Published online 2 June 2007.
Al Gore’s The Assault On Reason is largely an extended critique of the Bush administration’s policies. But, in suggesting in his introduction that Chapters 1 through 5 of The Assualt On Reason, the first half of his book, would be about the “enemies of reason,” Gore suggests a theory of the media, of history, and of reason that identifies Jurgen Habermas’ characterization of “the refeudalization of the public sphere” as a trend of the present era of politics (18). So for this book review I will consider both Gore’s (2007) book and Habermas’s (1962, originally) book as analyses of media history. Here I will concentrate upon the similarities of Gore’s template to Habermas’s.
(Of the diaries that have been written about Gore’s book, let me grant some kudos: first to algebrateacher for trying to put together a study guide, Nonpartisan’s attempt to fit Gore into the Progressive legacy, jamesboyce’s note on E. J. Dionne, and of course teacherken’s long moving diary.)
Introduction: Al Gore’s The Assault On Reason is mostly about the Bush administration. But it’s also about, as its title suggests, “reason.” The first five chapters designate supposed “threats to reason,” such as fear, dogmatism, the conquest of the “public sphere” by the wealthy, the spread of lies, and government violations of individual rights. The concentration of all of these “threats to reason” in the Bush administration, Gore argues, leads to three negative outcomes: America is less secure, abrupt climate change threatens the globe’s ecosystems, and American democracy is threatened.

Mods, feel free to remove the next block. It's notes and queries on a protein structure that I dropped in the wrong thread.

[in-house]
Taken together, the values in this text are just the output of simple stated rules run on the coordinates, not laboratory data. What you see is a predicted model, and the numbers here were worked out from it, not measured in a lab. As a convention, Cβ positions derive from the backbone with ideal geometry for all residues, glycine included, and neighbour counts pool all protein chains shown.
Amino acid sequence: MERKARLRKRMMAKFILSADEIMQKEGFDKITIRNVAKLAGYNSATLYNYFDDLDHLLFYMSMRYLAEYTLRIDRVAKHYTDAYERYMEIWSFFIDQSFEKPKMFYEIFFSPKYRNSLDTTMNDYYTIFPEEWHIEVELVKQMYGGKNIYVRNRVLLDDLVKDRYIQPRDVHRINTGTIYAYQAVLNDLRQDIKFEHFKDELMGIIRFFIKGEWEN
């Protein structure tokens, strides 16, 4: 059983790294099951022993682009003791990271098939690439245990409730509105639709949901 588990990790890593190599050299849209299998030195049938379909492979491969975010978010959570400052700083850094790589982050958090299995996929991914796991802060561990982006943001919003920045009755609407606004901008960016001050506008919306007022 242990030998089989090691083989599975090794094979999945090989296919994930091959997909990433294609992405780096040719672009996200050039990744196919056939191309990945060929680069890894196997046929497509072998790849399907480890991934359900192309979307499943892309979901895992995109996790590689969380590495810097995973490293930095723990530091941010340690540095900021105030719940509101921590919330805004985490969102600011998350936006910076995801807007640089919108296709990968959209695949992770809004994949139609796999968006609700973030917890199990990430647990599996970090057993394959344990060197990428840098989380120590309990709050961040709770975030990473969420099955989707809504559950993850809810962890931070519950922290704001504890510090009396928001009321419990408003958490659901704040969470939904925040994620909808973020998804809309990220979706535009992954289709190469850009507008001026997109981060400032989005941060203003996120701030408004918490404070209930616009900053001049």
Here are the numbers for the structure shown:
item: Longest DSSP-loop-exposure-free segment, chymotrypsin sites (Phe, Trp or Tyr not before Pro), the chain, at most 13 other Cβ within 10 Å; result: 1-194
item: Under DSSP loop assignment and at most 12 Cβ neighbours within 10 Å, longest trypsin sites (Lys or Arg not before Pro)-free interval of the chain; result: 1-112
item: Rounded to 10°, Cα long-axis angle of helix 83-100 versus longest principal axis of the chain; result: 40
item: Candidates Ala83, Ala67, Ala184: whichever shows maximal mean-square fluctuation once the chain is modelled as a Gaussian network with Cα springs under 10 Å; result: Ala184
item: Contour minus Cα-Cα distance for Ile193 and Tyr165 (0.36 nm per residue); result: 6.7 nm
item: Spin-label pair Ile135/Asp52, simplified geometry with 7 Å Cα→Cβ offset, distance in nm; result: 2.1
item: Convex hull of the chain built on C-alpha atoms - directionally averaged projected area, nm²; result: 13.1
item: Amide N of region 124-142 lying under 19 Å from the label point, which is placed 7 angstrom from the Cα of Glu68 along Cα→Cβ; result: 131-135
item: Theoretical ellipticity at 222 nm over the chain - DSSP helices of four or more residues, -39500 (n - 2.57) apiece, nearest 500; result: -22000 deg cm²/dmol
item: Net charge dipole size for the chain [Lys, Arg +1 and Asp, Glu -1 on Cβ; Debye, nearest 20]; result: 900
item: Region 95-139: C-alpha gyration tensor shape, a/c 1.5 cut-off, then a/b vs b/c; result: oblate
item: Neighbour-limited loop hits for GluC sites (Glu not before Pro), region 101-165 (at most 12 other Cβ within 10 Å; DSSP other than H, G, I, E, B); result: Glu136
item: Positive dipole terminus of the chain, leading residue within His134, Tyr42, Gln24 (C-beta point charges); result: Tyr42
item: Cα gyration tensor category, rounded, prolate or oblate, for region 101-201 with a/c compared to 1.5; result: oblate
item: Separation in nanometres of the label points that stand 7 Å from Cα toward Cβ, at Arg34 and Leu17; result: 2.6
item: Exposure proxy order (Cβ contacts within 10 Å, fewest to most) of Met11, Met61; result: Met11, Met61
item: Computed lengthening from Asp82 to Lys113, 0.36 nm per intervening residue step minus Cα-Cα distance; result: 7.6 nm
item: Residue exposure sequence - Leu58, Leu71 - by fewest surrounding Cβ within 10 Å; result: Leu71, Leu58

As a counterweight to the Bush administration, Gore suggests that the Internet will at some point make an effective “public sphere,” reinvigorating the “conversation of democracy”:
In fact, the Internet is perhaps the greatest source of home for reestablishing an open communications environment in which the conversation of democracy can flourish. The ideas that individuals contribute are dealt with, in the main, according to the rules of a meritocracy of ideas. It is the most interactive medium in history and the one with the greatest potential for connecting individuals to one another and to a universe of knowledge. (260)
Behind Gore’s critique of Bush, then, is a history of communication media. The introduction even contains a sustained critique of the theories of Marshall McLuhan, who was (in North America in the 1960s, at least) the world’s most famous media historian and who had a theory of “cool” and of “hot” media (20). In this history, the print media promoted a “public sphere” in an earlier era, television is a harmful enabler to Bush in the current era, and the Internet has the potential to bring back democracy to America.
The theory of the media that would seem to most thoroughly inform Gore’s notion of an “assault on reason” (and thus his critique of Bush) is that given by Jurgen Habermas in his early (1962) book Structural Transformation of the Public Sphere, whence Gore’s citation of the “refeudalization of the public sphere” on p. 18 of The Assault on Reason. Gore’s Habermasian idealism goes all the way down to his interest in the notion of the “unforced force of the better argument” that one sees in Habermas’ later works on argumentation. But, generally, Gore sees his work as a contribution to the “public sphere” that is mentioned in the abovecited early Habermas work. In order to see Gore’s adoption of Habermas’ (1962) historical template, I will discuss Structural Transformation of the Public Sphere and then situate the argument of The Assault on Reason within its premises.